Isaac Makes Landfall in Louisiana, New Orleans Threatened

Hurricane Isaac lashed southern Louisiana with high winds and heavy rains on Wednesday and was set for a late-morning arrival in New Orleans, seven years to the day after Hurricane Katrina devastated the city.

Isaac, a massive storm spanning nearly 200 miles from its center, made landfall at about 6:45 p.m. near the mouth of the Mississippi River. But it was zeroing in on New Orleans, about 75 miles to the northwest, turning streets famous for all-hours celebrations into ghost boulevards. Photo: valeriap/Flickr

Hurricane Isaac spun into the southern Louisiana coast late Tuesday, sending floodwaters surging and unleashing fierce winds as residents hunkered down behind boarded-up windows.

Though not as powerful as Katrina, Isaac threatens to flood the coasts of four states with storm surge and heavy rains on its way to New Orleans.

Accordng to The Huff Post, New Orleans calmly waited out another storm on the eve of Hurricane Katrina’s seventh anniversary, hoping the city’s strengthened levees will hold.

While many residents stayed put, evacuations were ordered in low-lying areas of Louisiana and Mississippi, where officials closed 12 shorefront casinos. By late Tuesday, more than 200,000 homes and businesses had lost power.

The National Hurricane Center warned Tuesday that Isaac and its 80 mph (130kph) winds were producing dangerous storm surges, and that flooding from heavy rains was expected.

Ed Rappaport, deputy director of the National Hurricane Center, said Isaac’s core would pass west of New Orleans with winds close to 80 mph and head for Baton Rouge.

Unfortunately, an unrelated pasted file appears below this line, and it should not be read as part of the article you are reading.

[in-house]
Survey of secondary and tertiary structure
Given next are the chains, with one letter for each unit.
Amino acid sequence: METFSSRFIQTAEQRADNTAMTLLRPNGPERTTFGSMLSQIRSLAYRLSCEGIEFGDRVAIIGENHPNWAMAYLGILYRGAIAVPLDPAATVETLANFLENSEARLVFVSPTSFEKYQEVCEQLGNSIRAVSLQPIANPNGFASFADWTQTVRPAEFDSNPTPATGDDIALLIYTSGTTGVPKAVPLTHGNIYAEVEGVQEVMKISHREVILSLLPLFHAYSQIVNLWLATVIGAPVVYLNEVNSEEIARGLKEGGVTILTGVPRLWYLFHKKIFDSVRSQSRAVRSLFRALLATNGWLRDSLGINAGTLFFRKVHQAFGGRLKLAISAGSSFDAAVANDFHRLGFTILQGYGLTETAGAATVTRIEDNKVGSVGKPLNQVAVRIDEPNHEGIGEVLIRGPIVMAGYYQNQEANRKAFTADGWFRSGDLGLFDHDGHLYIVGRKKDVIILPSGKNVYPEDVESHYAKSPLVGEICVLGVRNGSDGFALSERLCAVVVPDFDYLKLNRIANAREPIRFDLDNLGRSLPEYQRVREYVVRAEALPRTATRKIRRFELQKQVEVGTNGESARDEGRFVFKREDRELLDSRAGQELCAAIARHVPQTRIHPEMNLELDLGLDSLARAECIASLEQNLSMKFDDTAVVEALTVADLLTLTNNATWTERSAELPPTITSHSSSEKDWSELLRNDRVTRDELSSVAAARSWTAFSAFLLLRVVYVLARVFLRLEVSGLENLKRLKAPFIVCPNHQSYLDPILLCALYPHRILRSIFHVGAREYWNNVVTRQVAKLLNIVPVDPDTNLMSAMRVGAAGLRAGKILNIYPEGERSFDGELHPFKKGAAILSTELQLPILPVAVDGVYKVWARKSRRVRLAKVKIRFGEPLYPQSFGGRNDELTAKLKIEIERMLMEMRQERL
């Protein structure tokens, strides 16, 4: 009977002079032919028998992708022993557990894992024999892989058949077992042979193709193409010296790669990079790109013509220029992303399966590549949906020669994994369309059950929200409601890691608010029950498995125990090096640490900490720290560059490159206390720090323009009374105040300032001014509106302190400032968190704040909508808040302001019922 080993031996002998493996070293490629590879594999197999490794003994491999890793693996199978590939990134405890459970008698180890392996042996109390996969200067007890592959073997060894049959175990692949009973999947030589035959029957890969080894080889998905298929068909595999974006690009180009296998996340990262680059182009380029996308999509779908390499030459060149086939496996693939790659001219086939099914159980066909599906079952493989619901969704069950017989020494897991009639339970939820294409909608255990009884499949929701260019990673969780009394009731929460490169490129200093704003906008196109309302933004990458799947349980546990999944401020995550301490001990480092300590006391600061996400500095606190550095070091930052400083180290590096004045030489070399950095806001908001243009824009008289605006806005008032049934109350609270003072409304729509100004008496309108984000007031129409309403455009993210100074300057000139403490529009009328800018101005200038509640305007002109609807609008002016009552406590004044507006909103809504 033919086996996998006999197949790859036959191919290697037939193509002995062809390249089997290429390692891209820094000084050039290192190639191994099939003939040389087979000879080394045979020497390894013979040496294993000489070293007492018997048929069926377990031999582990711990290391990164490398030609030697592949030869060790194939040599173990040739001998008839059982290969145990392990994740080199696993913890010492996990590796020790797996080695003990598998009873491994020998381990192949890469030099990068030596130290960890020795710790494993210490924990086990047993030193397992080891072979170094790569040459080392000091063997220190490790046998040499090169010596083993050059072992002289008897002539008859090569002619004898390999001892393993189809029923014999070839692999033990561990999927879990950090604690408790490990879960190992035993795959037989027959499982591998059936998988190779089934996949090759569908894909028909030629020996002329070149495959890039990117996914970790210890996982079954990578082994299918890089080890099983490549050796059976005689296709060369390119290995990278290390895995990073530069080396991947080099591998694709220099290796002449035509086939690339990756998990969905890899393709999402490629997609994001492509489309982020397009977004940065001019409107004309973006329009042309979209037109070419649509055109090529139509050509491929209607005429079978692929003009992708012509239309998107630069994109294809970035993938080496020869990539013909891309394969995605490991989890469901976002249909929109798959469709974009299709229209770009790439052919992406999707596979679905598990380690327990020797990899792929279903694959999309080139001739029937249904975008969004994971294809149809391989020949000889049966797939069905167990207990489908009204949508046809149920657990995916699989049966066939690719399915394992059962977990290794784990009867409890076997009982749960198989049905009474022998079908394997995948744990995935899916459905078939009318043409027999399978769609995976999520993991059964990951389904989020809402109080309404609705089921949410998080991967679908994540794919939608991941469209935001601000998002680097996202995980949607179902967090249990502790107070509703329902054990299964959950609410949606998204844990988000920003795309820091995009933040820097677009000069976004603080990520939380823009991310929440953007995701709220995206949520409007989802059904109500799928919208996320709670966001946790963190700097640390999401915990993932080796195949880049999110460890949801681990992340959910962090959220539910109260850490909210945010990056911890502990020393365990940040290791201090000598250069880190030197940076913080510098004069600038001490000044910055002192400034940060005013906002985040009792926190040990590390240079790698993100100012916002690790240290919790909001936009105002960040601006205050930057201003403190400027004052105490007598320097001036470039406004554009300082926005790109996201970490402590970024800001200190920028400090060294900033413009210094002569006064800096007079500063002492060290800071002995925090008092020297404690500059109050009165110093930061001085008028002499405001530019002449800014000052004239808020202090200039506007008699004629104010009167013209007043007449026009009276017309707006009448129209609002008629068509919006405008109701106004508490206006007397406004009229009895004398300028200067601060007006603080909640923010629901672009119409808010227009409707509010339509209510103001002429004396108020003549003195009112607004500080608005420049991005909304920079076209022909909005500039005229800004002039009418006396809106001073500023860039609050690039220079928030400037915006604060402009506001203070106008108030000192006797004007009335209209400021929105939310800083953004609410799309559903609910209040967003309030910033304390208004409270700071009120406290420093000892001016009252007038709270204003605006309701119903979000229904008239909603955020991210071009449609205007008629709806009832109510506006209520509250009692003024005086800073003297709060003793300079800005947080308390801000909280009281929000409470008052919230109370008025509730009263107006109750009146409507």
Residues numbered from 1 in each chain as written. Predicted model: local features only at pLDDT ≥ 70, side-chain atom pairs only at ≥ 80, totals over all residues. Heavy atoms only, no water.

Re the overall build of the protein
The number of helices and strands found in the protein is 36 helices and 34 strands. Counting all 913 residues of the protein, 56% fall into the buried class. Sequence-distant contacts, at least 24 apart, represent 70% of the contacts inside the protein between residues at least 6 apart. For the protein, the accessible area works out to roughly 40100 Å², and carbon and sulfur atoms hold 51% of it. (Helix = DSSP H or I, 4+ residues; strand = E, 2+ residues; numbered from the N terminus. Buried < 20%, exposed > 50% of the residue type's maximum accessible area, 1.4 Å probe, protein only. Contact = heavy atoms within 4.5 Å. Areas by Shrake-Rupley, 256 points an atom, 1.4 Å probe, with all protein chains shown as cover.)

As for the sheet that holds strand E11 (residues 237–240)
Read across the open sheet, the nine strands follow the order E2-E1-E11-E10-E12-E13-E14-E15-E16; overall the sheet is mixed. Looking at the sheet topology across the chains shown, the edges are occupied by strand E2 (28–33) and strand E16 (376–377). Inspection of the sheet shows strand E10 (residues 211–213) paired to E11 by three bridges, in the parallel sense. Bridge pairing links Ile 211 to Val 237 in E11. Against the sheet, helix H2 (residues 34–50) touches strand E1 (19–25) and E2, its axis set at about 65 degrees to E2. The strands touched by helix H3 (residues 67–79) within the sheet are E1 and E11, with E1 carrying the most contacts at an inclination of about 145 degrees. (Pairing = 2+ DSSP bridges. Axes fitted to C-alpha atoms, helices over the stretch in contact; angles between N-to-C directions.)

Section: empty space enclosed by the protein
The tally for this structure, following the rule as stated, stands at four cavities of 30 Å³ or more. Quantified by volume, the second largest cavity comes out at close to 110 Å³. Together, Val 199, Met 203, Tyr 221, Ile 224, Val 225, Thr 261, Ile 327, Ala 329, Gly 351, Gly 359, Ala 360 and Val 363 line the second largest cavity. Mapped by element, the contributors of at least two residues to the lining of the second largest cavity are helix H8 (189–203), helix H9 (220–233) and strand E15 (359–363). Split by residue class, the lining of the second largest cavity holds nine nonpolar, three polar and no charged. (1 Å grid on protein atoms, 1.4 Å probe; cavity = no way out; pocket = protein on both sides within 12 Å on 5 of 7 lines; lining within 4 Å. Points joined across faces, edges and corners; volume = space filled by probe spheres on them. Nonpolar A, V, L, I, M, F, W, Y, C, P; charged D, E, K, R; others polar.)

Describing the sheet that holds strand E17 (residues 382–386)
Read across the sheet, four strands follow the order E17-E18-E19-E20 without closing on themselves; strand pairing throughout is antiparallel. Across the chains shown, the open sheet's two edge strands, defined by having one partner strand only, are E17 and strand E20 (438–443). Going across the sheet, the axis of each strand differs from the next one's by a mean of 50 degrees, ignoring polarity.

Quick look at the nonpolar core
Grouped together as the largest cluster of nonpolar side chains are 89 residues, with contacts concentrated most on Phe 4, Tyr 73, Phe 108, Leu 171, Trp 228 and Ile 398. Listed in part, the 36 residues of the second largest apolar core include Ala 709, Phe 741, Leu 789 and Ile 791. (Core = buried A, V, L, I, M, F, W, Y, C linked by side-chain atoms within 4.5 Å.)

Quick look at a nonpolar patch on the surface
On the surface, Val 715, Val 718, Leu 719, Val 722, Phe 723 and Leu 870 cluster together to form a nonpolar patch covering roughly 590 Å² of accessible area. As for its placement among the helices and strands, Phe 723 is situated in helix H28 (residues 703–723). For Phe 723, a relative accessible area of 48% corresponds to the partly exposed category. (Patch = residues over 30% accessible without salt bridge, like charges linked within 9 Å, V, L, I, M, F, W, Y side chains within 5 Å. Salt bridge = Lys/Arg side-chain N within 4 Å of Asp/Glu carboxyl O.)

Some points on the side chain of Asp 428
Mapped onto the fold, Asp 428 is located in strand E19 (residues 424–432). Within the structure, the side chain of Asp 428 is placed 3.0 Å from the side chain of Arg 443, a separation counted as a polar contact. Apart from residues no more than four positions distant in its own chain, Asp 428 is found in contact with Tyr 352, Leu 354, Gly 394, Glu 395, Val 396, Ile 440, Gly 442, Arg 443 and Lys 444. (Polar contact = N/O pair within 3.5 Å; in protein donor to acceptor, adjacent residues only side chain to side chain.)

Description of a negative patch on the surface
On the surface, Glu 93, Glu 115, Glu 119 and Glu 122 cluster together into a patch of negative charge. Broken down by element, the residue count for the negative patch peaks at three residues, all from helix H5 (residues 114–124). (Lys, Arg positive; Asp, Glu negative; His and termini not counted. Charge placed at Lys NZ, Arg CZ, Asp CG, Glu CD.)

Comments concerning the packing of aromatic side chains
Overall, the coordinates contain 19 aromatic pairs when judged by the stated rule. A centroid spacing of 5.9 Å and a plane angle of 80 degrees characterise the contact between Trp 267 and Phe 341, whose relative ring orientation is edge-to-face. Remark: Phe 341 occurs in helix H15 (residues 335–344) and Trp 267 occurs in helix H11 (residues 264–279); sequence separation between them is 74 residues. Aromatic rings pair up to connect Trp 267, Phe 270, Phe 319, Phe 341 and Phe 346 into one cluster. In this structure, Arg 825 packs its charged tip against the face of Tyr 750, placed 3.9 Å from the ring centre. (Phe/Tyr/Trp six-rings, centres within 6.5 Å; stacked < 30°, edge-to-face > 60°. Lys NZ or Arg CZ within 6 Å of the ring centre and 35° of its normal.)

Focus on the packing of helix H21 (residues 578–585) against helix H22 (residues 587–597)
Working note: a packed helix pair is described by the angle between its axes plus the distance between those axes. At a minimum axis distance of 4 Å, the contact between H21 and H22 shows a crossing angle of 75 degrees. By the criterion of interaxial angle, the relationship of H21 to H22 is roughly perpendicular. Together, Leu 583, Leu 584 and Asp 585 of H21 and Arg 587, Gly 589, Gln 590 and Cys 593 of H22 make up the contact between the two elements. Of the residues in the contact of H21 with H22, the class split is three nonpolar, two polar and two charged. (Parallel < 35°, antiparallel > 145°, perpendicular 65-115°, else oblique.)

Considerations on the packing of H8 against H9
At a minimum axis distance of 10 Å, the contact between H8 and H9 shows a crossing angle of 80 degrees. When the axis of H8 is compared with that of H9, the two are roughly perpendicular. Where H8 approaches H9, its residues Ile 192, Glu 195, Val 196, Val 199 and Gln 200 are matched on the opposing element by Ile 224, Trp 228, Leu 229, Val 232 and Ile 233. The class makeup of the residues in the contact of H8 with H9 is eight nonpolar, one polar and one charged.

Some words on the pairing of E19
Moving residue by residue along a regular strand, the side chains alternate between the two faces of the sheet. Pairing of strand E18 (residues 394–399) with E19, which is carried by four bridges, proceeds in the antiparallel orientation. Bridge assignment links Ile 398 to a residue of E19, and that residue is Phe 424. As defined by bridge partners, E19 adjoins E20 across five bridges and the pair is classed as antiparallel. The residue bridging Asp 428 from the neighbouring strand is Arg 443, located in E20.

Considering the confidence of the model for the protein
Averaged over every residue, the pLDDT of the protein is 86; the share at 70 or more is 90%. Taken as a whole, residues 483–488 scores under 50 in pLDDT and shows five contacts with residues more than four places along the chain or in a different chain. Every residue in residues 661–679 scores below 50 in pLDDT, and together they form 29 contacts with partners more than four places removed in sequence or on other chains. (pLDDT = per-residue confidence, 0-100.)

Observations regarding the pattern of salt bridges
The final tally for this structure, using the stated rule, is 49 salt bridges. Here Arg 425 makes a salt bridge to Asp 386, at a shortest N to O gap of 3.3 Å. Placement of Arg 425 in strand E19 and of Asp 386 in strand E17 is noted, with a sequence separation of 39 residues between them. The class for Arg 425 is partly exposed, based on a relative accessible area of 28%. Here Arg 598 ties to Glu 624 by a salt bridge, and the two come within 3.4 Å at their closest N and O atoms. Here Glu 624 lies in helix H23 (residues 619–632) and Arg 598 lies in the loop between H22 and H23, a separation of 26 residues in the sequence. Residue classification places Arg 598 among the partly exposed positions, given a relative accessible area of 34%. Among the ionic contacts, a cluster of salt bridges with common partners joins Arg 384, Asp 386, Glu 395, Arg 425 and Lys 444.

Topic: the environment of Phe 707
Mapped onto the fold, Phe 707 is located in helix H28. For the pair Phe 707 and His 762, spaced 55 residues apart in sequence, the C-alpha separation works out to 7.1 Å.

“On this course, the hurricane will gradually weaken,” Rappaport said Tuesday night from the Miami-based center.

Reuters reports that officials from the mayor of New Orleans to Louisiana Governor Bobby Jindal, to U.S. President Barack Obama, have scrambled to get ahead of the storm’s impact, mindful of the chaos and botched relief efforts in the wake of Katrina.

“We don’t expect a Katrina-like event, but remember there are things about a Category 1 storm that can kill you,” New Orleans Mayor Mitch Landrieu said, urging people to use common sense and to stay off any streets that may flood.

President Obama urged residents to take heed warnings and take cover, saying that now was “not the time to tempt fate.” He issued emergency declarations for Louisiana and Mississippi earlier this week.

Obama promised that Americans will help each other recover, “no matter what this storm brings.”

“When disaster strikes, we’re not Democrats or Republicans first, we are Americans first,” Obama said at a campaign rally at Iowa State University. “We’re one family. We help our neighbors in need.”

Hurricane Isaac’s arrival on the anniversary of Katrina cast a spotlight on the enduring struggle of the iconic American city, its residents and its distinctive culture.

After Katrina, the Army Corps of Engineers built a $14.5 billion defense system of walls, floodgates, levees and pumps designed to protect the city from heavy tidal surges.

Isaac promised to test the levee system bolstered after the catastrophic failures during Hurricane Katrina. But in a city that has already weathered Hurricane Gustav in 2008, calm prevailed.

“I was here for Hurricane Katrina, so I feel I’ve seen the worst. This one won’t be that bad,” said Scott Young, 56.

“I feel safe,” said Pamela Young. “Everybody’s talking `going, going,’ but the thing is, when you go, there’s no telling what will happen. The storm isn’t going to just hit here.”

While it only reached hurricane strength on Tuesday, Isaac killed at least 23 people and caused significant flooding and damage in Haiti and the Dominican Republic before skirting the southern tip of Florida on Sunday and heading across the warm waters of the Gulf of Mexico.

The storm drew intense scrutiny because of its timing – just before the anniversary of the hurricane that devastated that city, while the first major speeches of the Republican National Convention went on in Tampa, Fla., already delayed and tempered by the storm.

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